The Final Combat Mission – 15 August 1945

Captain Jerry Yellin flew the last combat mission of WWII on the morning of August 15, 1945, out of Iwo Jima.

Cruising above the Pacific under the morning sun, the Americans had approached the Japanese coastline without incident. Jerry wondered how many more missions like this he would have to fly. They’d all thought the war was over, but now, here he was again, heading to strike a stubbornly resistant enemy.

But down below, in the nation they were about to attack, a philosophical battle was raging on whether to surrender or fight on. The “Big Six”—the six military officers running Japan—had been split by a vote of 3-3 on when and how to end the war with honor. In general, hard, passionate divisions of opinion existed among the Japanese military: some of the older officers wanted to surrender to prevent the destruction of Japan, while others wanted to fight on to the death and kill as many Americans as possible.

The previous night, while another 300 American B-29s strafed Japan again, a group of rogue Japanese officers had started a coup against Prime Minister Suzuki and Emperor Hirohito. The officers burned the prime minister’s office and surrounded the Imperial Palace, hoping to kidnap the emperor, all in an effort to prevent Japan’s leadership from thinking about surrendering. For these officers, and for so many of the Japanese people, surrender was not an option. There was glory in death, but only shame in surrender; Japan, for its part, had never been invaded or lost a war in its history.

Capt. Jerry Yellin, 78th FG

Fortunately for the rest of the world, the coup did not succeed. A group of senior Japanese officers talked the insurgents off the ledge, convincing them that there was nowhere to go. But while the revolt ended, the war did not, and so, with the shoreline of the enemy territory coming into view and Phil Schlamberg, his dear friend and fellow pilot, on his wing, Jerry knew it was time to go back to work.

On Jerry’s order, all the planes in his squadron dropped their eternal fuel tanks over the ocean, then started familiar aerial trek over the great, snow-capped peak of Mount Fuji. As of yet, there had been no radio signal with the word “UTAH,” signaling the end of the war.

As the Americans approached the Japanese capital, they began to identify targets. Within minutes, they swooped down over airfields and attacked despite heavy ground fire. Tracer bullets flew up from the Japanese guns as the 78th made multiple passes at each target.

After strafing the last airfield, Jerry checked his fuel gauge and saw he was still in good shape. But when one of the pilots radioed that his tank had reached the ninety-gallon mark—the amount a Mustang needed for the return flight—it was time to pull up and begin plotting the course back to Iwo Jima.

78th Fighter Group

Jerry looked over at Phil, who was still on his wing, and give him a thumbs up.  Phil looked back and returned the gesture.

With the battle of Tokyo complete, Jerry set his course back out to the ocean and banked to the south. The three other Mustangs in Jerry’s squadron returned with him. A few moments later, as they approached the coast where they would rendezvous with the navigational B-29s, they neared a cloud cover in front of them, often the case when approaching the atmospheric temperature inversions near the coast. With Phil still tight on his wing, Jerry led the four Mustangs into the cloud bank. Flying at an altitude of about 7,000 feet, Jerry focused his eyes on his navigation instruments, as the interior of the white, puffy clouds blocking his view of everything else.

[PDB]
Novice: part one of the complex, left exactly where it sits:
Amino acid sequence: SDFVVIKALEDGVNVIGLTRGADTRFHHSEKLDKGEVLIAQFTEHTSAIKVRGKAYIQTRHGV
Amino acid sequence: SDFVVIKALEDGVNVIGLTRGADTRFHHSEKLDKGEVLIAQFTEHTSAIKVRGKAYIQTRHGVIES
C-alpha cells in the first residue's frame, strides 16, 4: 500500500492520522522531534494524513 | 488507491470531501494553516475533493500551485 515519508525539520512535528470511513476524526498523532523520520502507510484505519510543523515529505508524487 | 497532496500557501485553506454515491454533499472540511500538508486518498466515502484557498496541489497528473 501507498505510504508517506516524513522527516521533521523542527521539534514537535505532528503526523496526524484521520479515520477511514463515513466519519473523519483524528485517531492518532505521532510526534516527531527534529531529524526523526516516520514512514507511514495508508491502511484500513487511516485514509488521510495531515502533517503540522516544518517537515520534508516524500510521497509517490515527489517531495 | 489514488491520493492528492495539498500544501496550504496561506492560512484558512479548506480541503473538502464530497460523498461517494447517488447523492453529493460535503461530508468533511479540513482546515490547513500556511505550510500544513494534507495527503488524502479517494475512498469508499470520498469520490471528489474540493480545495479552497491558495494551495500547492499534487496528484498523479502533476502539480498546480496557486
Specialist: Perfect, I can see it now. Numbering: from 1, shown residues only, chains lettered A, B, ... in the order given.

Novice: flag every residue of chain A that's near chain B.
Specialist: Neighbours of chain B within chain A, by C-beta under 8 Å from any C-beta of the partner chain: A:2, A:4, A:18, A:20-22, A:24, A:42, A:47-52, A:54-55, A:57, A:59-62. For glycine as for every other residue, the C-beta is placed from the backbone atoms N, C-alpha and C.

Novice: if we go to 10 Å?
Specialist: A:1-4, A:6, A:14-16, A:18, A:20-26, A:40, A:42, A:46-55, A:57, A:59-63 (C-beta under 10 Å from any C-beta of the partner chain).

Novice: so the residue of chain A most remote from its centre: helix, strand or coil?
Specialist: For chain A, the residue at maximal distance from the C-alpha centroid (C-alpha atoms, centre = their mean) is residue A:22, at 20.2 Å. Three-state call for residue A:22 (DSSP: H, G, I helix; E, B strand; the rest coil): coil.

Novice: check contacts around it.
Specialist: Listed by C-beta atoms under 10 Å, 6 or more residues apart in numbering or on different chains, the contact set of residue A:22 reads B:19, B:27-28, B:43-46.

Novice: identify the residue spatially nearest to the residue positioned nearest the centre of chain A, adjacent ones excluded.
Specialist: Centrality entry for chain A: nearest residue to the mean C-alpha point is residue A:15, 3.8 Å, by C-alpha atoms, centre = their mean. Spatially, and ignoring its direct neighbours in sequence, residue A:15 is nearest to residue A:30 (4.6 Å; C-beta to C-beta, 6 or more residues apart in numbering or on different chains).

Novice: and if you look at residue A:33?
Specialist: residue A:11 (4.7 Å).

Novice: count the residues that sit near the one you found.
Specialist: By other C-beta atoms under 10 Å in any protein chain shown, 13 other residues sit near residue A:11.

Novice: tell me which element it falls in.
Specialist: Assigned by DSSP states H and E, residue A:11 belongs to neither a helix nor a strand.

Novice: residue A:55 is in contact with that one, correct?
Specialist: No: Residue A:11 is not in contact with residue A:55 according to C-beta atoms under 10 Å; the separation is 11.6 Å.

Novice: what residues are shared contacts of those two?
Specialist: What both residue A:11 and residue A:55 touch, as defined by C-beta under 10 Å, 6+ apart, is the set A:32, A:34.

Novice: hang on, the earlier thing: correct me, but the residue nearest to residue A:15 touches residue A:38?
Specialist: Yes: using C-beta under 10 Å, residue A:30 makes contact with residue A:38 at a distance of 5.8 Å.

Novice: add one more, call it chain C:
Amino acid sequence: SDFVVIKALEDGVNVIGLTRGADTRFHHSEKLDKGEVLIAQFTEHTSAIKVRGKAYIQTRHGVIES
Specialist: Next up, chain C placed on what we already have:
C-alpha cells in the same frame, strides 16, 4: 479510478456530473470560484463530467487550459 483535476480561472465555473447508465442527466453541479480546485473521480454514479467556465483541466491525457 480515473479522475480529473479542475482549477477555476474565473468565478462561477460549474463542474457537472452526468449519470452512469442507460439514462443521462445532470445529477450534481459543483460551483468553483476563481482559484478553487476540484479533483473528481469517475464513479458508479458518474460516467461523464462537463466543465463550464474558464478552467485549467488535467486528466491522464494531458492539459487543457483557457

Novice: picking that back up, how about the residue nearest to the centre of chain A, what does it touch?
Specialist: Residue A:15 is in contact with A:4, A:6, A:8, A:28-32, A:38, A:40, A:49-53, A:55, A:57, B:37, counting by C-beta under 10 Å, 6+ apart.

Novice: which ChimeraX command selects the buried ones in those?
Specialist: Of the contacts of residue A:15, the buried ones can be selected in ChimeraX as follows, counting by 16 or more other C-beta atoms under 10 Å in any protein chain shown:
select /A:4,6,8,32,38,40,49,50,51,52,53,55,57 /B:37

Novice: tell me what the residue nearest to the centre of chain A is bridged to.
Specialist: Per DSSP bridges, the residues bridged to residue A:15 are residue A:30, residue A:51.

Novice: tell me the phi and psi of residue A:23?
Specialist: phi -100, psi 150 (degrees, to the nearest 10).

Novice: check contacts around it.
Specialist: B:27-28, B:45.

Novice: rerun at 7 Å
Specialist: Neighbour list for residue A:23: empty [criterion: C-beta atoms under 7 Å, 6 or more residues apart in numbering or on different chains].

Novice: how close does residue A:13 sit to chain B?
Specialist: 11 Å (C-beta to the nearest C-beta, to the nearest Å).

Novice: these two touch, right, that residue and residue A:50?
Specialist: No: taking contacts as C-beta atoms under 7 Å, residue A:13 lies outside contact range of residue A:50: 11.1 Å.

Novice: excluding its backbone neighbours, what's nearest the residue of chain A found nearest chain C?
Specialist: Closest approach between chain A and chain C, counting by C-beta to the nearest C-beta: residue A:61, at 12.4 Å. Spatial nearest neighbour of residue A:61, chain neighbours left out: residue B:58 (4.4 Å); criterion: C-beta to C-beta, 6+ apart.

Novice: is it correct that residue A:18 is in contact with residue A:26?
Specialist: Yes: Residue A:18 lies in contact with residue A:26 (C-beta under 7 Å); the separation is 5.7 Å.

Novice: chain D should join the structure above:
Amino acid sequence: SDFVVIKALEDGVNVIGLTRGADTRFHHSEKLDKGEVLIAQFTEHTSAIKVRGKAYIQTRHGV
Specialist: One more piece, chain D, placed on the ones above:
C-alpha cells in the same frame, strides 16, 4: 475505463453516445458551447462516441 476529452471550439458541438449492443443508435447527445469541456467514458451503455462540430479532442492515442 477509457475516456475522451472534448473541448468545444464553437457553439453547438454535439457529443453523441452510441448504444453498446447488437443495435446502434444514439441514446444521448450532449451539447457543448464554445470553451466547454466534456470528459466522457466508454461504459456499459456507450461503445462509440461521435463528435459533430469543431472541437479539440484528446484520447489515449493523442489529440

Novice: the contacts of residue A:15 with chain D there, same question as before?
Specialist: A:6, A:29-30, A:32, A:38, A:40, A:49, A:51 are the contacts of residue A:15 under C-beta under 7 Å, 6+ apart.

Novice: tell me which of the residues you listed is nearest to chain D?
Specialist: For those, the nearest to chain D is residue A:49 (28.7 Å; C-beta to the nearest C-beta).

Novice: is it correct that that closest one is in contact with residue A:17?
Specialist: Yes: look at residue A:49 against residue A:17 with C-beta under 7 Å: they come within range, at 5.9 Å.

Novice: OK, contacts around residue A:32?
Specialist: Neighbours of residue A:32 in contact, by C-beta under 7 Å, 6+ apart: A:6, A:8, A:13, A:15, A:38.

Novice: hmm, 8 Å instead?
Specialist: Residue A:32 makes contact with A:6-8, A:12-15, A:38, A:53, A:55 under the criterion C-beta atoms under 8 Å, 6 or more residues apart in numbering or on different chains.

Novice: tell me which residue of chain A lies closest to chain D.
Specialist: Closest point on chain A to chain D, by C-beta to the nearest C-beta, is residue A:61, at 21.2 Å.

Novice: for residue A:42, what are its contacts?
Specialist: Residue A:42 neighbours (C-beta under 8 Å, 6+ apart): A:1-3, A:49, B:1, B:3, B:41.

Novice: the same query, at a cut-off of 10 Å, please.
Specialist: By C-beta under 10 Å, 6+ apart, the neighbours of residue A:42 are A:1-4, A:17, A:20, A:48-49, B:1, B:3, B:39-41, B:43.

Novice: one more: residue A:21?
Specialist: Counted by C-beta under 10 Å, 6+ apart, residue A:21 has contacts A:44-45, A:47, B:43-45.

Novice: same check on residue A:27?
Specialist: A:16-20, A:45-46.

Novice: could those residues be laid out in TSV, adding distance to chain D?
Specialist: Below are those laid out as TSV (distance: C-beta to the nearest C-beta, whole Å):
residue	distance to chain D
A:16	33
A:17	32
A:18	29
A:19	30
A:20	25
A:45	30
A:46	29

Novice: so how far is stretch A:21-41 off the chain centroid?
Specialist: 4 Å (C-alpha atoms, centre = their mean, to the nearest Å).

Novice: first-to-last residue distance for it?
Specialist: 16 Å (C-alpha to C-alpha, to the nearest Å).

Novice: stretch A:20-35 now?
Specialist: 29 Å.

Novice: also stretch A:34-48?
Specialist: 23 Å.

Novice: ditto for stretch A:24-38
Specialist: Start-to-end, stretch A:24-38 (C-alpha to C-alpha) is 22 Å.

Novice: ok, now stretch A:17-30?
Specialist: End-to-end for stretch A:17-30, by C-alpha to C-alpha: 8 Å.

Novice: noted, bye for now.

But when the Mustangs emerged on the other side of the clouds, a devastating reality soon surfaced. Phil was gone. Most likely, he had been brought down by antiaircraft bullets fired into the clouds. There was no sign of him.

Jerry was devastated. When he landed at Iwo Jima, meanwhile, he learned something else: the war was over. The emperor had announced Japan’s surrender three hours earlier.  The code word UTAH had been broadcast to U.S. aircraft over the country, but the word had not reached the planes of the 78th until they landed.

Capt. Jerry Yellin

It was a surreal feeling as Jerry climbed out of his plane and jumped down to the airfield, standing on a once-bloody Pacific island. Now, suddenly, it was a world at peace. The men of the 78th had a saying, “Alive in ’45.” That had been their goal, and now it was their reality.

As Jerry walked away from his plane, another realization hit him: he had just flown the final combat mission of the war, and Phil was the final combat death of the great war. One day, after Jerry had time to collect his emotions and his thoughts, the great historical significance of the mission he’d just flown would sink in. But for now, one thought consumed his mind.

At last, it was time to go home.

I previously did an article about Captain Yellin when he was still helping to teach us about WWII.

Captain Jerome Yellin – 15 February 1924 – 21 December 2017

Click on images to enlarge.

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Military Humor –

 

 

 

 

 

 

 

 

 

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Farewell Salutes – 

Zach Brown – Chehalis, WA; US Army Air Corps, WWII, PTO, Co. C/457th Artillery/11th Airborne Division

Allan Carson – Nelson, NZ; RNZ Air Force # 421317, WWII, pilot

From, Anna, Maiden On The Midway

Robert DeBusschere – Detroit, MI; US Army, WWII, A/B

Marvin ‘Curly’ East – Denver, CO; US Army, WWII, ETO, 110th Antiaircraft Artillery

Joseph Goodman – New Boston, PA; US Navy, WWII, USS Benson

Elizabeth (Meadows) Huey – Homer, LA; US Navy WAVE, WWII